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This topic contains 18 replies, has 6 voices, and was last updated by  _Robert_ 6 years, 10 months ago.

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  • #3068

    _Robert_
    Participant

    I remember when I saw the 90’s London based romantic comedies (e.g. “Love Actually” and the Bridget Jones movies, etc)  and ended up visiting London several times I had this impression that London society was  very kind, caring, sexy and advanced and perhaps it was about the coolest city in the world to live in. Well, a buddy of mine was visiting with his wife and survived the London Bridge attack, running for their lives. Then I recalled the soldier butchered in broad daylight.

    My romantic illusions of London are shattered. Then I recalled when I was visiting with my girlfriend we were returning to the hotel, coming up from the tube…. a large group of Muslim teens who heard our American accents followed us for a few blocks, taunting us. I removed the wine bottle from the bag and was prepared clock the first one I could. I stopped and turned around and they slinked to the other side of the street. Such a shame. The Brit Museum needs a week alone to really appreciate.

     

     

    • This topic was modified 6 years, 10 months ago by  _Robert_.
    #3070

    JadeBlackOlive
    Participant

    Yes, I think many have changed their minds about visiting cities, without worry.

    #3071

    _Robert_
    Participant

    I feel for the anti-violent Muslims. This isn’t making their lives better. At the same time and with no due respect, what a stupid religion it is.

    #3072

    David Boots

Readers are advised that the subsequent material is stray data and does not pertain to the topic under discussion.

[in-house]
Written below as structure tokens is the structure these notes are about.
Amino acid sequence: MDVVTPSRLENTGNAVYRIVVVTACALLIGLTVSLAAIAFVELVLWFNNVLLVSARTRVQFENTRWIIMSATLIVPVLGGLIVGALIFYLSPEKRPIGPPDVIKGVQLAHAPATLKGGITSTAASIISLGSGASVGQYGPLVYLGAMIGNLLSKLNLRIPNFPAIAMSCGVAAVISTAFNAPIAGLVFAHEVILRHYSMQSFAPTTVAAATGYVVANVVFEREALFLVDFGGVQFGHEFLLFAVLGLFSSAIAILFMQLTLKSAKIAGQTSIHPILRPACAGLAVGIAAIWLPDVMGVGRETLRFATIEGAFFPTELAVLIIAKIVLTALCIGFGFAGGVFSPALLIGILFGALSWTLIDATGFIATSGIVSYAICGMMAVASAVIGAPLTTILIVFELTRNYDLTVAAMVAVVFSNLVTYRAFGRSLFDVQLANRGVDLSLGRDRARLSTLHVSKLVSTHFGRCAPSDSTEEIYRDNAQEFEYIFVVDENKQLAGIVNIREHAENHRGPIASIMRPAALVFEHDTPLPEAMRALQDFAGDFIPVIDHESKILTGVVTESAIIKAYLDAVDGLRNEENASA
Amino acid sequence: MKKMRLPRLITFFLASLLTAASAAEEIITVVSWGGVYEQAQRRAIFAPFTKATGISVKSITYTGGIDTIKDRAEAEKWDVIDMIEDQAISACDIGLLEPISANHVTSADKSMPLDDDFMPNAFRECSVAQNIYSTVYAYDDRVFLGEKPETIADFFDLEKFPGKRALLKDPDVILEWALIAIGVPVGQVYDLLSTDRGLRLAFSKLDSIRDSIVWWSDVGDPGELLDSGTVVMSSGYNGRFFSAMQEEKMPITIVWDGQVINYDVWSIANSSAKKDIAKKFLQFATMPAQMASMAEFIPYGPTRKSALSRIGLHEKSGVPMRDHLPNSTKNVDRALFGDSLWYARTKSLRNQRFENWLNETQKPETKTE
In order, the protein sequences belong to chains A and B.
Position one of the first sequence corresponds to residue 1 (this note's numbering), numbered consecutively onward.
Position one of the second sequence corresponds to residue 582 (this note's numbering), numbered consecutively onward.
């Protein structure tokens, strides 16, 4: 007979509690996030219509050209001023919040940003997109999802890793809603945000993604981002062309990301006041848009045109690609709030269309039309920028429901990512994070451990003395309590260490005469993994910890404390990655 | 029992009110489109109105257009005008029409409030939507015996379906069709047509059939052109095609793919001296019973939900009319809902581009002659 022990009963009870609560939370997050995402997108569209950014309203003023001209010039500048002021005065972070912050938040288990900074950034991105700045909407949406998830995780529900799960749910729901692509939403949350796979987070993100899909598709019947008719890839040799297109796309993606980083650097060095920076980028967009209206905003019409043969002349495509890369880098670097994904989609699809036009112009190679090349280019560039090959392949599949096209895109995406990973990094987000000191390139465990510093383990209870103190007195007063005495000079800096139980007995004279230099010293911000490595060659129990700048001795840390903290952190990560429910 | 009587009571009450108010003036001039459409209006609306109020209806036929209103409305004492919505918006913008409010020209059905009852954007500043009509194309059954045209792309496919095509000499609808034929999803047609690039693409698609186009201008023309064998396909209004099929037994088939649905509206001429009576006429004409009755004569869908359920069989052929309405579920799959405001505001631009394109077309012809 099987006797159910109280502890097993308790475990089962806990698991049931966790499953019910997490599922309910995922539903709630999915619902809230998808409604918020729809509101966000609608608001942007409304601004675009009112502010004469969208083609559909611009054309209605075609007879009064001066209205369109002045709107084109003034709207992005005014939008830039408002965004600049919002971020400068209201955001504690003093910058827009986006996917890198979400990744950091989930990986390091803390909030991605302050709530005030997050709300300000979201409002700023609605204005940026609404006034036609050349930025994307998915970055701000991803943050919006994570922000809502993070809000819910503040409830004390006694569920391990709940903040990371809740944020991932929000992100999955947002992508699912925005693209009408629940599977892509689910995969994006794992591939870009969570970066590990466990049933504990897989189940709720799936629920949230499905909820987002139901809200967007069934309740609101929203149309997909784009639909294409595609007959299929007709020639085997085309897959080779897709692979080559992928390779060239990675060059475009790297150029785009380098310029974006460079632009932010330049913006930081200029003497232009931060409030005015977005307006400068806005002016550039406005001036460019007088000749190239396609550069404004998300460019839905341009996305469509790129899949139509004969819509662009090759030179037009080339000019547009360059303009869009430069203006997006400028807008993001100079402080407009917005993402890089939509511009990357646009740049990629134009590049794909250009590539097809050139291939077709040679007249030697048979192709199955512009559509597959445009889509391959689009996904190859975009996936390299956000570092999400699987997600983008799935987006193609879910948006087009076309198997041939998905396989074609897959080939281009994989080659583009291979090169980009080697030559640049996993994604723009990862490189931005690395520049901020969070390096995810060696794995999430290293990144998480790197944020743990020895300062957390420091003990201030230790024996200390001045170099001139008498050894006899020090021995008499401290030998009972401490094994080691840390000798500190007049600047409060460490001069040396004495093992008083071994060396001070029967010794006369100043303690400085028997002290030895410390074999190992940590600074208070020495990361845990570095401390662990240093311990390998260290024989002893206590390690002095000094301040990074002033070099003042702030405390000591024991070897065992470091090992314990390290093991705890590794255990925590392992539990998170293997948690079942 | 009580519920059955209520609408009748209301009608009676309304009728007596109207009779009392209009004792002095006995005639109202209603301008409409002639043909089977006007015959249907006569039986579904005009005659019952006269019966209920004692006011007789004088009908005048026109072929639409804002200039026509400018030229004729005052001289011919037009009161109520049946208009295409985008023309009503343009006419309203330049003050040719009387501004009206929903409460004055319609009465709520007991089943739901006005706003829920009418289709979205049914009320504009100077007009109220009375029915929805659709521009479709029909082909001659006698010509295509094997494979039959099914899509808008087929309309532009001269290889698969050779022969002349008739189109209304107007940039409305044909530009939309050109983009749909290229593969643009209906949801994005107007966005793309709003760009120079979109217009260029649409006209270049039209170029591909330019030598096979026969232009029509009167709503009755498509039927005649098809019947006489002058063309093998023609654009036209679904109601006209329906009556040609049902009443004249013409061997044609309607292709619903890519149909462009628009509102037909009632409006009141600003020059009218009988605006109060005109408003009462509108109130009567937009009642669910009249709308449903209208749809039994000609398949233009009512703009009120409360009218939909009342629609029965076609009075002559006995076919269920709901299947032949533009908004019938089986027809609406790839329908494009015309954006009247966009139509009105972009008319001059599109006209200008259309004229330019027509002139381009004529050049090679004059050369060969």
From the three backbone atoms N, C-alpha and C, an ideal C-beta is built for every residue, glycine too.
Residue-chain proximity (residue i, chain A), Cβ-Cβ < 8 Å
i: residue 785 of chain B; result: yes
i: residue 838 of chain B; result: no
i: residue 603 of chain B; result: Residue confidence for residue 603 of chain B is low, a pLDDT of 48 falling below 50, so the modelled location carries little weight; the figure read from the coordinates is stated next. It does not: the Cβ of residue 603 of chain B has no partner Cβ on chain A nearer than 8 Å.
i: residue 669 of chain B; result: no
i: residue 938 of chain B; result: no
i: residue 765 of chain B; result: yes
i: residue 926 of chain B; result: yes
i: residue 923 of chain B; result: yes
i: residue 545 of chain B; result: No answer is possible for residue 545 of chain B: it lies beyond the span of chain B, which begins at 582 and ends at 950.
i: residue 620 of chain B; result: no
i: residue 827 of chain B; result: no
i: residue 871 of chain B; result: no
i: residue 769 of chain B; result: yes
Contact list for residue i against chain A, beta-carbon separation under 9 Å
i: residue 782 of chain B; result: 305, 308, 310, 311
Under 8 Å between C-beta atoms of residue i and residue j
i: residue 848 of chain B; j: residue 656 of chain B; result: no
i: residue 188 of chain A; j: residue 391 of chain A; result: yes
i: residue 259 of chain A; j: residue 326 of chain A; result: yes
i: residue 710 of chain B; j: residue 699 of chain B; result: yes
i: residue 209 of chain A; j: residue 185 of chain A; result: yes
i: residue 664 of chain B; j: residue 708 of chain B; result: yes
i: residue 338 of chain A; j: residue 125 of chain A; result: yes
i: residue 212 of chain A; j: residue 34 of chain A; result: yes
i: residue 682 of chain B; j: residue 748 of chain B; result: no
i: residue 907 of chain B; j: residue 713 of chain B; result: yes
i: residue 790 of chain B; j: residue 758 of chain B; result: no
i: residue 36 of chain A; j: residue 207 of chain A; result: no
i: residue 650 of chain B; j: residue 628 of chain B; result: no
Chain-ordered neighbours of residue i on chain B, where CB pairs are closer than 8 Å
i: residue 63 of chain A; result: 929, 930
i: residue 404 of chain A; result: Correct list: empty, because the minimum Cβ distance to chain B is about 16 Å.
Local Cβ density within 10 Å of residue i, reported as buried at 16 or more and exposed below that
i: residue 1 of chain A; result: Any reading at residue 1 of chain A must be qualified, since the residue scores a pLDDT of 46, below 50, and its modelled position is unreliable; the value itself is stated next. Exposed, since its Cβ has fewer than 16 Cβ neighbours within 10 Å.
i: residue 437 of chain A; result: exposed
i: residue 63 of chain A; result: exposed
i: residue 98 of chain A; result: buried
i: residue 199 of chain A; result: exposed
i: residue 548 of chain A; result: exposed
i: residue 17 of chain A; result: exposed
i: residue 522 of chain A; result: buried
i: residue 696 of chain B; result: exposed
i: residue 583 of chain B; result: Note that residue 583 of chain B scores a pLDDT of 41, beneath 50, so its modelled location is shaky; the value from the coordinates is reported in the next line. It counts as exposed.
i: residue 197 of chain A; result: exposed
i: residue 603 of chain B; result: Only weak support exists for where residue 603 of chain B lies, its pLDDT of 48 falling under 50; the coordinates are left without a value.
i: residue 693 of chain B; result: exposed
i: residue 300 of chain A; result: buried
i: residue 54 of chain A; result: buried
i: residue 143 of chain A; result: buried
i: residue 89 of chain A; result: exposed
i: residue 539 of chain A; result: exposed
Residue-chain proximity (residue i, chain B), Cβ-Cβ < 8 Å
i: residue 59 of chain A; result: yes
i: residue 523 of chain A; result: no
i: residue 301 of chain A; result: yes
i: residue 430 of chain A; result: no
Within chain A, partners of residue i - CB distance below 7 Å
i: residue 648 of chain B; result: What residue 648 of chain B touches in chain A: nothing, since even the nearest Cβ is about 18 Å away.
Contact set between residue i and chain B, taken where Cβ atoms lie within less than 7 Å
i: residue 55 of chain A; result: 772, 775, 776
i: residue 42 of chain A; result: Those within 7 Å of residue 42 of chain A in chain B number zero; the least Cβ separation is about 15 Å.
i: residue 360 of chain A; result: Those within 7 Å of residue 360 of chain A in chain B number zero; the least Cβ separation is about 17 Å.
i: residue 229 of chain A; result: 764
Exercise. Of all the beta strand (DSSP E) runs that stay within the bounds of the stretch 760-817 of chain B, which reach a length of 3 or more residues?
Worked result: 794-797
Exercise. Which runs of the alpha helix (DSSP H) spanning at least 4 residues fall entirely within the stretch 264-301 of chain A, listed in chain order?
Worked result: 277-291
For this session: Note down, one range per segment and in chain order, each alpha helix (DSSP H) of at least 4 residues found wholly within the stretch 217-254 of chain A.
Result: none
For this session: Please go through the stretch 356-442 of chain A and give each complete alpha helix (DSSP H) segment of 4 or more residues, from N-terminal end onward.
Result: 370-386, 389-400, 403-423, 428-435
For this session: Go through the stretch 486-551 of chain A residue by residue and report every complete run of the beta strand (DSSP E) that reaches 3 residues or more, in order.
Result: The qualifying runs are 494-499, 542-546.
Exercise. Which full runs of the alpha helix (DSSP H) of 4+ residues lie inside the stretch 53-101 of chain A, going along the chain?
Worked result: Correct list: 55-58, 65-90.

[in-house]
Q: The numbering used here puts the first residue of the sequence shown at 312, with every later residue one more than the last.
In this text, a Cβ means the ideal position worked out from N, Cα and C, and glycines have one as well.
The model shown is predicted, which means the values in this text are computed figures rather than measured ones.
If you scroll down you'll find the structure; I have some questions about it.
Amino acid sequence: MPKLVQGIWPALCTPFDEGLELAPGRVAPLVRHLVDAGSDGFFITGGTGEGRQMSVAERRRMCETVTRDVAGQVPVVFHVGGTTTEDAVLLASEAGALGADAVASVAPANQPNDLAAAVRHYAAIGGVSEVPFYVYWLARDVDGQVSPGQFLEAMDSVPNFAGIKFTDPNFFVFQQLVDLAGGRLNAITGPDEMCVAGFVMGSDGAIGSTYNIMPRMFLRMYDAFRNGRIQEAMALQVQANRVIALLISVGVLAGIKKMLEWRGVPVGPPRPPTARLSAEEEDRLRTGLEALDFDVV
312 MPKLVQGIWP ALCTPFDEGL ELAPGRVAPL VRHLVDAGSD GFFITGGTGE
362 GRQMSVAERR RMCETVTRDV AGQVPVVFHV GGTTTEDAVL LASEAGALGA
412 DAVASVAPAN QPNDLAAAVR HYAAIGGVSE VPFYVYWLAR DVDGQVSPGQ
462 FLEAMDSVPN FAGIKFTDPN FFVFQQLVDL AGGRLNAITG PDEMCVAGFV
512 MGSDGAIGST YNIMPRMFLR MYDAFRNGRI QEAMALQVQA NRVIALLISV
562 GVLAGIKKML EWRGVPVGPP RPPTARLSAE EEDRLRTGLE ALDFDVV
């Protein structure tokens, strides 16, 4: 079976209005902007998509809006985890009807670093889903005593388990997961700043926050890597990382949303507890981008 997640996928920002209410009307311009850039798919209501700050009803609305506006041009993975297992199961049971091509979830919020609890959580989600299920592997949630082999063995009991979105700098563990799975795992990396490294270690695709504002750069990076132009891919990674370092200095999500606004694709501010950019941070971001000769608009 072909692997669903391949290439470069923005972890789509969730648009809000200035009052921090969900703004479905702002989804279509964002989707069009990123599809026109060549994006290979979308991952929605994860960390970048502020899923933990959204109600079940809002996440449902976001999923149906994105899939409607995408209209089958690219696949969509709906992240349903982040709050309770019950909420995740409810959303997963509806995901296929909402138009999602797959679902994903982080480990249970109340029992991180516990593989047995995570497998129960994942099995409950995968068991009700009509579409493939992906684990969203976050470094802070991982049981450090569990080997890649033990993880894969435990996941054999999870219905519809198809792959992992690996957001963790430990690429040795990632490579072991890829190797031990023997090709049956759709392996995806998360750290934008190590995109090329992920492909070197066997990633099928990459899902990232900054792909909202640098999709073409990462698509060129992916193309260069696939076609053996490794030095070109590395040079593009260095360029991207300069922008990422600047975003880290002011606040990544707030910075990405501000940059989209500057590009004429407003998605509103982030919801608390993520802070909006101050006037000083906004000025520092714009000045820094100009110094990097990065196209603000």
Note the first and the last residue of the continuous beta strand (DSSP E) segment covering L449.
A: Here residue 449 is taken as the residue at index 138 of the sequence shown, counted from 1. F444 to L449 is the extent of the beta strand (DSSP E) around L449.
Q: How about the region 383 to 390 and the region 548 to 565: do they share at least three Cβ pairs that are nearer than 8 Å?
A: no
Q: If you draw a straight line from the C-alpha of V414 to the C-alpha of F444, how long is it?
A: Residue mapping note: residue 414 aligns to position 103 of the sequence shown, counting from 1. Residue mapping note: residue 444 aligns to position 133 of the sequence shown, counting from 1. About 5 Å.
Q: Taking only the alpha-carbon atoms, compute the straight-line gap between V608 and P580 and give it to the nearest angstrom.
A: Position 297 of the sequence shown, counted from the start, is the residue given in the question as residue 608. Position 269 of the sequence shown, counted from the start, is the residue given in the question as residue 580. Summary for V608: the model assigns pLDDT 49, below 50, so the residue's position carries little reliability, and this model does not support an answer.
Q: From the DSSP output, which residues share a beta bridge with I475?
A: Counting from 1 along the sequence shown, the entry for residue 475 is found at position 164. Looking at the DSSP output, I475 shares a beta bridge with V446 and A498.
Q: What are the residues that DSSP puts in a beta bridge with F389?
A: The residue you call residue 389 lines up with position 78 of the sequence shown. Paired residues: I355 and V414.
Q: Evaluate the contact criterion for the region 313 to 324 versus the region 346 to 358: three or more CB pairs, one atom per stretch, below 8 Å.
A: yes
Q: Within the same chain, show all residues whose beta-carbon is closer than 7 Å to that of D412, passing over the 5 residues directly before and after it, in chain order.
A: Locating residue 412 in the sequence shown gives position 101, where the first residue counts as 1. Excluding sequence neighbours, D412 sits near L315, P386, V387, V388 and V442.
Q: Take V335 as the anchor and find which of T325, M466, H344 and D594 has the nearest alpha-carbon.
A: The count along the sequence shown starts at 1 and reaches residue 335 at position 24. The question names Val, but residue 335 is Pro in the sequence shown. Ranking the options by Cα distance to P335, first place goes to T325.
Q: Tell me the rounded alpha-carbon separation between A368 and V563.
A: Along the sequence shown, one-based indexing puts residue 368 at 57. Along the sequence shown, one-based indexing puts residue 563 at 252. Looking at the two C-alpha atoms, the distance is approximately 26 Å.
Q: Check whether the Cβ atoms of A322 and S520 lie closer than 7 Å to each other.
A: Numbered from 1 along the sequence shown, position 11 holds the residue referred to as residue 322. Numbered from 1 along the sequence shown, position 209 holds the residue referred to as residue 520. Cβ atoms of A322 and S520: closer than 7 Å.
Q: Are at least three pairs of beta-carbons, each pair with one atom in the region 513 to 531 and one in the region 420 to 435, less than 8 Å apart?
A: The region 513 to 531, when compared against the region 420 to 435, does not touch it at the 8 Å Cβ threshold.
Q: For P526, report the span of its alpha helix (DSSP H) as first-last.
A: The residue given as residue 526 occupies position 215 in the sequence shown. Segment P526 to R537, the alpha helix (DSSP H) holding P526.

Participant

    I have sympathy for the muslims who speak out against violence in the name of their religion.

    But if, as a follower of this ideology, you fail to recognise that islam is no longer  ‘a religion of peace’ for some of it’s followers then we have a problem. Because it is readily apparent that for a variety of reasons, some of your fellow believers are unable to coexist with other people in the modern world. And they will resort to violence to make their point.

     

     

    #3143

    Strega
    Moderator

    David, if I started a terrrorist organization and started bombing and killing civilians in the name of David Boots, that doesn’t make you responsible in any way.  Annoyed perhaps- but not culpable.  Similarly, invoking Islam whilst you kill does not make Islam the culprit – I have read that people here believe the Qu’ran is the source of the evil, but in fact the Bible and the Qu’ran are astonishingly similar in the violence they invoke.

    Until this is understood, there is little hope that a solution can be found- blaming huge swathes of uninvolved peaceful people is disingenuous and promotes hatred and bigotry.

    #3145

    PopeBeanie
    Moderator

    Until this is understood, there is little hope that a solution can be found- blaming huge swathes of uninvolved peaceful people is disingenuous and promotes hatred and bigotry.

    +1